WILMINGTON, Del. (AP) — President-elect Joe Biden is unveiling his economic team Tuesday amid growing concerns about the pace of the nation’s economic recovery as governments reimpose restrictions to curtail the surging coronavirus pandemic.
Biden appeared at a theater in downtown Wilmington, Delaware, moving gingerly in a black walking boot he’s worn since breaking his right foot while playing with one of his dogs over the weekend. The president-elect fractured two small bones in the middle of his right foot, according to Biden’s doctor, Kevin O’Connor.
The injury, while not serious, again intensifies scrutiny on Biden’s age, given that he recently turned 78 and will be the oldest president ever to enter office when he is inaugurated. When asked about his foot when arriving at the theater, Biden declared only, “Good, thanks for asking.”
His team wants to keep the focus on reviving the nation’s post-pandemic economy.
Biden has assembled a team of liberal advisers who have long prioritized the nation’s workers and government efforts to address economic inequality, as unemployment remains high and as the COVID-19 outbreak widens the gulf between average Americans and the nation’s most well off. The virus, which has killed more than 268,000 Americans, is resurgent across the country amid holiday travel and colder weather sending people indoors.
Janet Yellen, announced Monday as Biden’s nominee for treasury secretary, served as chair of the Federal Reserve from 2014 to 2018, when she placed a greater emphasis than previous Fed chairs on maximizing employment and less focus on price inflation. Biden also named Cecilia Rouse as chair of his Council of Economic Advisers, and Heather Boushey and Jared Bernstein as members of the council.
All are outspoken supporters of more government stimulus spending to boost growth — which Biden embraced on the campaign trail — though their proposals could face a difficult reception in Congress, which has stalemated on a new round of economic relief for months now.
The prospects for a large-scale deal could hang on the outcome of runoff elections for both Georgia Senate seats. Victories in both would give Democrats control of the chamber — and its agenda —- by the slimmest of margins, but Republican victories will quickly test Biden and his team’s ability to negotiate across the aisle to deliver on their promised relief for Americans.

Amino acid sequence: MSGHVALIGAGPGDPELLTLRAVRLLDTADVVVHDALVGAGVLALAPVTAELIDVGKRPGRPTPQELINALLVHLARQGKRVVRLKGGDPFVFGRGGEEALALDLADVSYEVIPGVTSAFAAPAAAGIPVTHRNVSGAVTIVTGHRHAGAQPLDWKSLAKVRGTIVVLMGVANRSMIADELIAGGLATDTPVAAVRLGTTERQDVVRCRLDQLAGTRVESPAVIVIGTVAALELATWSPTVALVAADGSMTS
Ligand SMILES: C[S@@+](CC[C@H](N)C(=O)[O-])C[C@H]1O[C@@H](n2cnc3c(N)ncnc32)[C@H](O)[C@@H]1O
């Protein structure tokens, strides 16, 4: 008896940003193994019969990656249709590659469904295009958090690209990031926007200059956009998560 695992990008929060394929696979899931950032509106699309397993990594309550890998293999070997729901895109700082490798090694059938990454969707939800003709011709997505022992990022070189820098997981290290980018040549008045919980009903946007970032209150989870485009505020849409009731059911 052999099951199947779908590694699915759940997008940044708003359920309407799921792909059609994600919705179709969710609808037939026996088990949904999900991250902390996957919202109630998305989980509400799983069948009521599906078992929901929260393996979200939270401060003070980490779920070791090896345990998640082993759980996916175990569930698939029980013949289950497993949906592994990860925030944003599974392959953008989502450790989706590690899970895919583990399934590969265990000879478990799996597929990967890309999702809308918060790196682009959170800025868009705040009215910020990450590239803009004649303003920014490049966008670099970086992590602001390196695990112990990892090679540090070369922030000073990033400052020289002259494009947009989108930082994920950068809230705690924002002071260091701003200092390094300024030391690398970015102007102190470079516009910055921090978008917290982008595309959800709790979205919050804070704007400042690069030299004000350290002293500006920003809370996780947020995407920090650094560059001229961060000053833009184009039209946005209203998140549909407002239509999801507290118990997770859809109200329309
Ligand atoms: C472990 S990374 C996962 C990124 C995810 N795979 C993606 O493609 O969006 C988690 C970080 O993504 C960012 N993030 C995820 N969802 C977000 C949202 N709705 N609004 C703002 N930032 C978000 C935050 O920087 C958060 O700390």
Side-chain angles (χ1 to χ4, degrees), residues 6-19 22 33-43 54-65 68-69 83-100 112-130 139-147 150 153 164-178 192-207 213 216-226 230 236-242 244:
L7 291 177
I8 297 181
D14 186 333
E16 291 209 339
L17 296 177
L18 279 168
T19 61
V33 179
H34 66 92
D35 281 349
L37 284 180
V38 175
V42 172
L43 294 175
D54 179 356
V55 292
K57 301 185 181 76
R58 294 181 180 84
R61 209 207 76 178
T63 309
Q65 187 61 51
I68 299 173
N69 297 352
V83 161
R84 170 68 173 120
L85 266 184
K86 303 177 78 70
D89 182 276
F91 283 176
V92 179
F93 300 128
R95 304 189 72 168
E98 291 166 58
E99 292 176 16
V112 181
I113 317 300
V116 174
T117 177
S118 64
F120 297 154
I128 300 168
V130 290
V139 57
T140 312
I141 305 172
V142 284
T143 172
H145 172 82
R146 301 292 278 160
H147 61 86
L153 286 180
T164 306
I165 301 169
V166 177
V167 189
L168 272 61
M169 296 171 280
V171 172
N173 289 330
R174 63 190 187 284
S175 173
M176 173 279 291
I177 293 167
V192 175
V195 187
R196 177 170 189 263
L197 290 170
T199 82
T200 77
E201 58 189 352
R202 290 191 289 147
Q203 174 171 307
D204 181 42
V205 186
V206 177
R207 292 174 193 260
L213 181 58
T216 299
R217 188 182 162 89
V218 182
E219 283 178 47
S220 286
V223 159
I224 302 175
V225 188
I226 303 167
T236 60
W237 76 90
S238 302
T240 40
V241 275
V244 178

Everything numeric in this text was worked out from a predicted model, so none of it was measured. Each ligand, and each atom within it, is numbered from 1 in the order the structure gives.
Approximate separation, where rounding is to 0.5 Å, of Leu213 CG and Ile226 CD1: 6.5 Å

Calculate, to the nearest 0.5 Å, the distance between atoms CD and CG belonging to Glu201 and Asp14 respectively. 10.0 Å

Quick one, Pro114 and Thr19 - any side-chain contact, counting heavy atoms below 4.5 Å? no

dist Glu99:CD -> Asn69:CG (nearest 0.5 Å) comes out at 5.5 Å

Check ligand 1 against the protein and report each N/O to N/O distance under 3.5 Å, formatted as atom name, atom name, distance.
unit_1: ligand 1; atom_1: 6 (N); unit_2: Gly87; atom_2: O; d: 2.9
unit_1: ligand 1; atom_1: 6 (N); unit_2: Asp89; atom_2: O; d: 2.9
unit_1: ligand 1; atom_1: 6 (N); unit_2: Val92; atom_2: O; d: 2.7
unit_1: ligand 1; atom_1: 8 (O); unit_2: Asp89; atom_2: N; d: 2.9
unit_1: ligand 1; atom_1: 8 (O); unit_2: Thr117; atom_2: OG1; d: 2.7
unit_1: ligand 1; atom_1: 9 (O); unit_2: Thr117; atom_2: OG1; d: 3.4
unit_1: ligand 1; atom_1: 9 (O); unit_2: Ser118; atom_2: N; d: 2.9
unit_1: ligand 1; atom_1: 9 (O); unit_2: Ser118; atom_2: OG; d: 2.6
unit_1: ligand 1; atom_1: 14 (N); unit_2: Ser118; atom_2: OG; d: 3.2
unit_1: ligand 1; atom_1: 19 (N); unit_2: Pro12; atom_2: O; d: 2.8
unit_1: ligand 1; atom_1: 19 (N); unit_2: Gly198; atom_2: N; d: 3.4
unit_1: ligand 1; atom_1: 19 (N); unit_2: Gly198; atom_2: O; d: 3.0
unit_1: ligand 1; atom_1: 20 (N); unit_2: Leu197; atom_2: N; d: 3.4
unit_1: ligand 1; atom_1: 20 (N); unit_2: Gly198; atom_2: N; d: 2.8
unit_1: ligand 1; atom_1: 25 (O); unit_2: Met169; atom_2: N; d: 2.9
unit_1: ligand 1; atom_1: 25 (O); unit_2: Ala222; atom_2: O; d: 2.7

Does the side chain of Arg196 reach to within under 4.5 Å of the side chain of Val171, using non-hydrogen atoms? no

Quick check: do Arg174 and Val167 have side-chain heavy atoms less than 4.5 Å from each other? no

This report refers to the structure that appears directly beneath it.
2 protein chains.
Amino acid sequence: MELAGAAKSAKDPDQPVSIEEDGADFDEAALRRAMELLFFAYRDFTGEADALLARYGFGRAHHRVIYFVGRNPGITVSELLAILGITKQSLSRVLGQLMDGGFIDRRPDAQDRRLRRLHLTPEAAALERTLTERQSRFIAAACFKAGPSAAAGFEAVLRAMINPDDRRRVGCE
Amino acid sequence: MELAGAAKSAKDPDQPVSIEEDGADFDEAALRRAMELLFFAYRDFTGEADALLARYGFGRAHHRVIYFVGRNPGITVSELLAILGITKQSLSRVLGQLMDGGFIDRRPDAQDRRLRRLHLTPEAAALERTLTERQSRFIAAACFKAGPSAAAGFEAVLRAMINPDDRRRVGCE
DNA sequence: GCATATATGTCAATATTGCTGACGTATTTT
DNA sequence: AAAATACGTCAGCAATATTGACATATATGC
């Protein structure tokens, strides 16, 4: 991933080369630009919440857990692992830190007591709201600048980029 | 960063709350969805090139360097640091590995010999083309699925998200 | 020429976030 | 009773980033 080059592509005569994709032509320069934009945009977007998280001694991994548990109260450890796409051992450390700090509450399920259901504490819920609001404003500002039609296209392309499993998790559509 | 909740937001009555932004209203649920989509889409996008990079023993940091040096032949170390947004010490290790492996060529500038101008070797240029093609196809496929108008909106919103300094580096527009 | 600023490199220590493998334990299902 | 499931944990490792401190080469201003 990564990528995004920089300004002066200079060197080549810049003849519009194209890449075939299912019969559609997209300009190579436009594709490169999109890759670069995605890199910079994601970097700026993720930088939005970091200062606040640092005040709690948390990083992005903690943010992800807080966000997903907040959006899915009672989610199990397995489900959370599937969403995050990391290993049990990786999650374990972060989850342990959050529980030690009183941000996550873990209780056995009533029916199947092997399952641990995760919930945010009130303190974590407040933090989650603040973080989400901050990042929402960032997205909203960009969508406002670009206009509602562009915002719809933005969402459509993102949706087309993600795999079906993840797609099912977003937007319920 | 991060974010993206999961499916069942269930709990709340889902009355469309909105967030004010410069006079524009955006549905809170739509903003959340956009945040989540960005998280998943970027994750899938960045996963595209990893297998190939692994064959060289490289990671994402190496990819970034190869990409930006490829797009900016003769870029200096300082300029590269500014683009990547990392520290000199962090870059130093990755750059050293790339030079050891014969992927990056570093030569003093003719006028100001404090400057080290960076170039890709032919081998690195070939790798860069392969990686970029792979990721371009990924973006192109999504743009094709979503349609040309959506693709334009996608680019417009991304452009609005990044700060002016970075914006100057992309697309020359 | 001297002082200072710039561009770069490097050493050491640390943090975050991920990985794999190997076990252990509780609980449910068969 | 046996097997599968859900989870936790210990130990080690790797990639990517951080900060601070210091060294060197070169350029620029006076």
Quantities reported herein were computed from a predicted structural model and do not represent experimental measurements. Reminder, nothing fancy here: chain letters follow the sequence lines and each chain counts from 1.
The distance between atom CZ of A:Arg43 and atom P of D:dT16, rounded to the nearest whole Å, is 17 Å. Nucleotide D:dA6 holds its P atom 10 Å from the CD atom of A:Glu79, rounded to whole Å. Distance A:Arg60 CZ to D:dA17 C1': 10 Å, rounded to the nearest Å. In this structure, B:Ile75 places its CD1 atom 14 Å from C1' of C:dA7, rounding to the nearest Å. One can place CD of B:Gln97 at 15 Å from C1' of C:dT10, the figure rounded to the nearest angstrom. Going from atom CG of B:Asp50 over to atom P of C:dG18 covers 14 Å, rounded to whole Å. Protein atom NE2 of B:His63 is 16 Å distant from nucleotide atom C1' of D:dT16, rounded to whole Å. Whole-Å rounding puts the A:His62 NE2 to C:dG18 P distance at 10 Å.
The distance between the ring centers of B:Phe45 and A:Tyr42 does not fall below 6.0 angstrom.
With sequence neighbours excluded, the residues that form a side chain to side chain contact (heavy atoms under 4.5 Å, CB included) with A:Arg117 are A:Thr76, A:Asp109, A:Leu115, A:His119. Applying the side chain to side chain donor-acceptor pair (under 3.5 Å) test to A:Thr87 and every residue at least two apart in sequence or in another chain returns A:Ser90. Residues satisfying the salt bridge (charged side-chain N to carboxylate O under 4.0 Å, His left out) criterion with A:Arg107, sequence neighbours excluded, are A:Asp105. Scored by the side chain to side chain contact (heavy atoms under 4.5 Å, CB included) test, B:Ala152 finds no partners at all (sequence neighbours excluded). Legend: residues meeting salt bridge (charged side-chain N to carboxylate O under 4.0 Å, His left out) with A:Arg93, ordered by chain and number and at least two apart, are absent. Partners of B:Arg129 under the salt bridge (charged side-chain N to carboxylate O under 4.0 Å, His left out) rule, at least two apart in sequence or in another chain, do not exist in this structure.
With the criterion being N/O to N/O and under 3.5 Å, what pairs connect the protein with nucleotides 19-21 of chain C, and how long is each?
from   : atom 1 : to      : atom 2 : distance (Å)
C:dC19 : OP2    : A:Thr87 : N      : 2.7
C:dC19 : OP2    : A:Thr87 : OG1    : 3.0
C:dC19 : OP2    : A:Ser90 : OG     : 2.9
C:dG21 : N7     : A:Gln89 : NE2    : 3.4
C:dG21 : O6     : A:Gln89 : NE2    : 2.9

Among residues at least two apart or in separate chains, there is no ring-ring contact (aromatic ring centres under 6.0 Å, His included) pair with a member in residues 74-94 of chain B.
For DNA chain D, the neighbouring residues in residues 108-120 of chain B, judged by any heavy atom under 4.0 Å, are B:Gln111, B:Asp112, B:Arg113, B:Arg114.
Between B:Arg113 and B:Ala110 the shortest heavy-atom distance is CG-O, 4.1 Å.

The event comes a day after Federal Reserve Chairman Jerome Powell said that the pace of improvement in the economy has moderated in recent months with future prospects remaining “extraordinarily uncertain.”
In remarks released by the Fed on Monday, Powell said that the increase in new COVID-19 cases both in the United States and abroad was “concerning and could prove challenging for the next few months. A full economic recovery is unlikely until people are confident that it is safe to reengage in a broad range of activities.”
It also comes as Steven Mnuchin, President Donald Trump’s treasury secretary, announced last month that over the objections of the Fed that he would not grant extensions for five lending programs being operated jointly by the Fed and the Treasury Department that are scheduled to expire on Dec. 31, including backstops for corporate and municipal debt and the purchase of loans for small businesses and nonprofits.
Yellen, if confirmed by the Senate, would be the first woman to serve as treasury secretary, after breaking ground as the first woman to chair the Fed. Rouse would be the first Black woman to lead the CEA in its 74 years of existence. And Neera Tanden, Biden’s pick for director of the Office of Management and Budget, would be the first South Asian American in that job.
Biden also selected Wally Adeyemo to be Yellen’s deputy, which would make him the first Black deputy treasury secretary. Rouse, Tanden and Adeyemo will all require Senate confirmation, and Tanden in particular is already drawing heavy Republican criticism.
Some Republicans panned the announcement of Tanden after she spent years attacking GOP lawmakers on social media — and some doubted she would be able to secure confirmation.
Weissert reported from Washington. Christopher Rugaber, Aamer Madhani and Martin Crutsinger contributed to this report.
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